Because of the summit, a business plan is being developed to demonstrate how restoring formerly mined lands can contribute to the economy.
West Virginia and the Appalachian region face increasing impacts from a shifting economy. In the midst of this transition, nature — one of West Virginia’s strongest assets—has the potential to be a key catalyst for economic growth.
Since 2016, The Nature Conservancy has convened two first-of-their-kind Nature and the Economy Summits to explore how protecting and restoring the region’s resilient forests and waters can drive change for West Virginia’s economic future.
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Restoring a Forest
in West Virginia’s high country, one of the biggest challenges is to address the deforestation left from decades of mining and logging. The red spruce forests here have been converted to hard, treeless soil – a visible scar across this treasured landscape. Today, only about 5% of the original red spruce forests remain. In partnership with the U.S. Forest Service and other conservation groups, The Nature Conservancy’s goal is to restore 150,000 acres of decimated red spruce forest across the Central Appalachians.
One of the first projects to come out of this summit is the development of a business plan to demonstrate how improved forest management and carbon credits, solar energy and agricultural activities on formerly mined lands can contribute to the economy.
“With collaborative planning and scientific innovation, we can work together to grow West Virginia’s economy in ways that maximize environmental and economic benefits,” says Beth Wheatley, the Conservancy’s director of external affairs in West Virginia. “Nature-based economic development activities offer opportunities for us to create new jobs and revenue streams in concert with conserving our lands and waters.”
New Jobs and Revenue Streams
The summit facilitated a collaborative dialogue to analyze the challenges and opportunities at hand. Prominent topics included the roles of forest products and carbon credits, outdoor recreation-based tourism and solar energy in growing and diversifying the economy, providing new jobs and creating new revenue streams for land and mineral owners. For instance, participants discussed the possibilities for promoting new jobs through solar development on the thousands of acres of post-mined lands in West Virginia.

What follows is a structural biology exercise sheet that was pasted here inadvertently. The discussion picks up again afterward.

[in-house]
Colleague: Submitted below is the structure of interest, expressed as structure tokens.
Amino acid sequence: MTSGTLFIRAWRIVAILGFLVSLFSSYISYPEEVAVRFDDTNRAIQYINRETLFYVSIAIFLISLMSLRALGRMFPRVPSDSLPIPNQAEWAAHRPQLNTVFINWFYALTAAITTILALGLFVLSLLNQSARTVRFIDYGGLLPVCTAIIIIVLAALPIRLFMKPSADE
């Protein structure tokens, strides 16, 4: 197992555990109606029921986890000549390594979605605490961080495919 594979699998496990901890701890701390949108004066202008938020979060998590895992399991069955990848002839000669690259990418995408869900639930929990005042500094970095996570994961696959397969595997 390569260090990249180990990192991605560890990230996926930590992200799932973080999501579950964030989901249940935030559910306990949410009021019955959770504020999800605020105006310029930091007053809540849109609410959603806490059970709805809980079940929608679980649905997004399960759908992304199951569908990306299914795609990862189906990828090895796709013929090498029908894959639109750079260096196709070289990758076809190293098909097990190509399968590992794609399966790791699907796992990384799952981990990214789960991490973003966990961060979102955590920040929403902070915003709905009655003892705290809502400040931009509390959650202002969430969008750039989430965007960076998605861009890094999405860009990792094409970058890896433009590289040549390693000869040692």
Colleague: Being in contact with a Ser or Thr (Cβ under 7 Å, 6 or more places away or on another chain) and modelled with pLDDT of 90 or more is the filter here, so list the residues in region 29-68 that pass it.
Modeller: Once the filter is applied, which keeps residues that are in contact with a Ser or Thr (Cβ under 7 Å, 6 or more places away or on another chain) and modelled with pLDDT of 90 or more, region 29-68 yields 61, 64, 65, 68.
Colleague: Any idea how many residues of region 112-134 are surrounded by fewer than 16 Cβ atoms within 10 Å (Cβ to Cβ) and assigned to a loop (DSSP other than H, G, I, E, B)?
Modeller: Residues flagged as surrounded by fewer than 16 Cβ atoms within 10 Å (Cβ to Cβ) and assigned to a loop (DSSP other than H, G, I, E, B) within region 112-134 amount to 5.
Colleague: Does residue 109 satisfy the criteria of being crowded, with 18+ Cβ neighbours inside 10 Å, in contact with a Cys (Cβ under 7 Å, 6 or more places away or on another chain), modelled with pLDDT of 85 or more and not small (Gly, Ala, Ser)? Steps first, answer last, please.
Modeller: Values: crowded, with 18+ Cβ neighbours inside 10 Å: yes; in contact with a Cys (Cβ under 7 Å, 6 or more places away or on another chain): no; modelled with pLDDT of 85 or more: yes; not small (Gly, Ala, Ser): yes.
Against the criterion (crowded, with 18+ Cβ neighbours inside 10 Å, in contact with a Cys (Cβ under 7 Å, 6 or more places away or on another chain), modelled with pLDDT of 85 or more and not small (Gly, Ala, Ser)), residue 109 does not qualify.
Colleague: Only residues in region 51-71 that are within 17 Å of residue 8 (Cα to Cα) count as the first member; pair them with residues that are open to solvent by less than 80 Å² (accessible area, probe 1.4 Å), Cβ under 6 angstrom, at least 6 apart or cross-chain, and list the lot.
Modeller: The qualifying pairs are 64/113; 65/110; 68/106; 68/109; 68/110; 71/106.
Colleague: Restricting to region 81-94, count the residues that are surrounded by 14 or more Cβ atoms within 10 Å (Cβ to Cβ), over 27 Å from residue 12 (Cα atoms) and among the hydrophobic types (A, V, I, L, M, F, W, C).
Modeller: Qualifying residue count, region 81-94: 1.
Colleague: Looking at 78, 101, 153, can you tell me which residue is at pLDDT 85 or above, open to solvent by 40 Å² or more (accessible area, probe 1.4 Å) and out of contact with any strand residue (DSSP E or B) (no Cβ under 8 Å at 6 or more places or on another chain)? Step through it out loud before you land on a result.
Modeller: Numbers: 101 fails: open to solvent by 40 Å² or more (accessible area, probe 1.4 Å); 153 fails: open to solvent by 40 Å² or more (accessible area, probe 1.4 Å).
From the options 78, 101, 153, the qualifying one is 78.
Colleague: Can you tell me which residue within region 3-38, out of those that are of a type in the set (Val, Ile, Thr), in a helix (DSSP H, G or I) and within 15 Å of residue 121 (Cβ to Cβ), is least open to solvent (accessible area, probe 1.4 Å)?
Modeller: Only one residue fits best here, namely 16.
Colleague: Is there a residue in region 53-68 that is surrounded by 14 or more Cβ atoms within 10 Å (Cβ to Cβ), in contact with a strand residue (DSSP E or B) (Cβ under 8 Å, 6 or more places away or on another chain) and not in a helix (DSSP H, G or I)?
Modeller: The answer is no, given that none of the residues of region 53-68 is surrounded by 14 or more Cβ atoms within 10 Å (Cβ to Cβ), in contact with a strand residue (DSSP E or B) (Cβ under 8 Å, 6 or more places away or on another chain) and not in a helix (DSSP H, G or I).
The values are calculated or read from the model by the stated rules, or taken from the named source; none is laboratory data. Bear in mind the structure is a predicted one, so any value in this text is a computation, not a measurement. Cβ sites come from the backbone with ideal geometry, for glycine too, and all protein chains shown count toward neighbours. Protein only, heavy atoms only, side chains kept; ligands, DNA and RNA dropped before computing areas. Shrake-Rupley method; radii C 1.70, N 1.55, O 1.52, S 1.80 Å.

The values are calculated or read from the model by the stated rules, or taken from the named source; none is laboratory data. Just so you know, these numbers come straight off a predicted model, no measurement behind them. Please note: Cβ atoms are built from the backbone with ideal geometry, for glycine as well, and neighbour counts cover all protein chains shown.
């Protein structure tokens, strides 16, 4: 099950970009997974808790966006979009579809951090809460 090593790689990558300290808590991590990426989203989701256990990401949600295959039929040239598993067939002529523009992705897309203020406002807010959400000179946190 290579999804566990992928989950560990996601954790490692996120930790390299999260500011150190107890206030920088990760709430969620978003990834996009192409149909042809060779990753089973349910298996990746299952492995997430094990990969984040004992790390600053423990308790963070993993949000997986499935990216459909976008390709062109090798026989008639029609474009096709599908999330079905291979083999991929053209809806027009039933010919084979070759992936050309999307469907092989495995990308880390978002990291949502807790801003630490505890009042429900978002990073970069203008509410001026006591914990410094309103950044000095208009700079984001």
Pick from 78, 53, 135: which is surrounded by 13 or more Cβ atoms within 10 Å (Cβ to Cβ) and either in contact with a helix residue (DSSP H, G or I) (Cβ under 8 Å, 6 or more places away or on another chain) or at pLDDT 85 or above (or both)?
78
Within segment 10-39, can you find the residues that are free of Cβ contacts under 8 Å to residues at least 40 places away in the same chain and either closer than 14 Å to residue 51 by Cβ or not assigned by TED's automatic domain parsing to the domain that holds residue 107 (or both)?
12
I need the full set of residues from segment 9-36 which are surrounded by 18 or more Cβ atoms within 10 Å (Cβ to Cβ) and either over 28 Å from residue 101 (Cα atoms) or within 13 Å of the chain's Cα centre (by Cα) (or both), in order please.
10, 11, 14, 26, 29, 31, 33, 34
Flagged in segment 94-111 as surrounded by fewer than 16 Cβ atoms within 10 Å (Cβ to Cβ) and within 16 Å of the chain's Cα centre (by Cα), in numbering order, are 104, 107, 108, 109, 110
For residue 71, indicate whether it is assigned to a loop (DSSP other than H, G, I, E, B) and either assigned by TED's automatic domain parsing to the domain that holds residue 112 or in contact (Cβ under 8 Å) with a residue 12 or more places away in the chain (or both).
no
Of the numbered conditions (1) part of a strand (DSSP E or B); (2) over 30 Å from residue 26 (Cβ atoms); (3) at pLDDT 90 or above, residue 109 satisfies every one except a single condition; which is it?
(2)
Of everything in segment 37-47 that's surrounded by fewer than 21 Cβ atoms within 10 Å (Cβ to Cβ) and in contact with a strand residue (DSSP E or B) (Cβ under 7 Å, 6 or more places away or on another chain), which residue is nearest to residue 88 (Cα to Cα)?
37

“We are facing some real challenges in determining how we may restore and reuse mine lands,” says Ed Maguire, environmental advocate with the West Virginia Department of Environmental Protection. “The Nature Conservancy brought together the right mix of leaders to begin to dig into these challenges and identify some potential actions.”
Tough Questions, Creative answers
West Virginia’s unique positioning in the eastern United States as a significant place for drinking water, carbon-rich forests and scenic natural beauty remained central to the conversation. Whether working together to enhance tourism through the conservation of recreational hotspots or pursuing ways to promote revenue streams through responsible forest management and carbon credits, participants thought creatively and openly about how to achieve a thriving future for West Virginia.
“As an economist, I know the questions posed during the summit—particularly those regarding the potential role of nature-based economic development activities in contributing to economic growth in West Virginia—are tough questions,” says John Deskins, director of the Bureau of Business and Economic Research at West Virginia University. “Yet questions like these need to be asked to prepare to seize new opportunities. I applaud The Nature Conservancy for having the courage to ask and summit participants for having the courage to begin to answer.”
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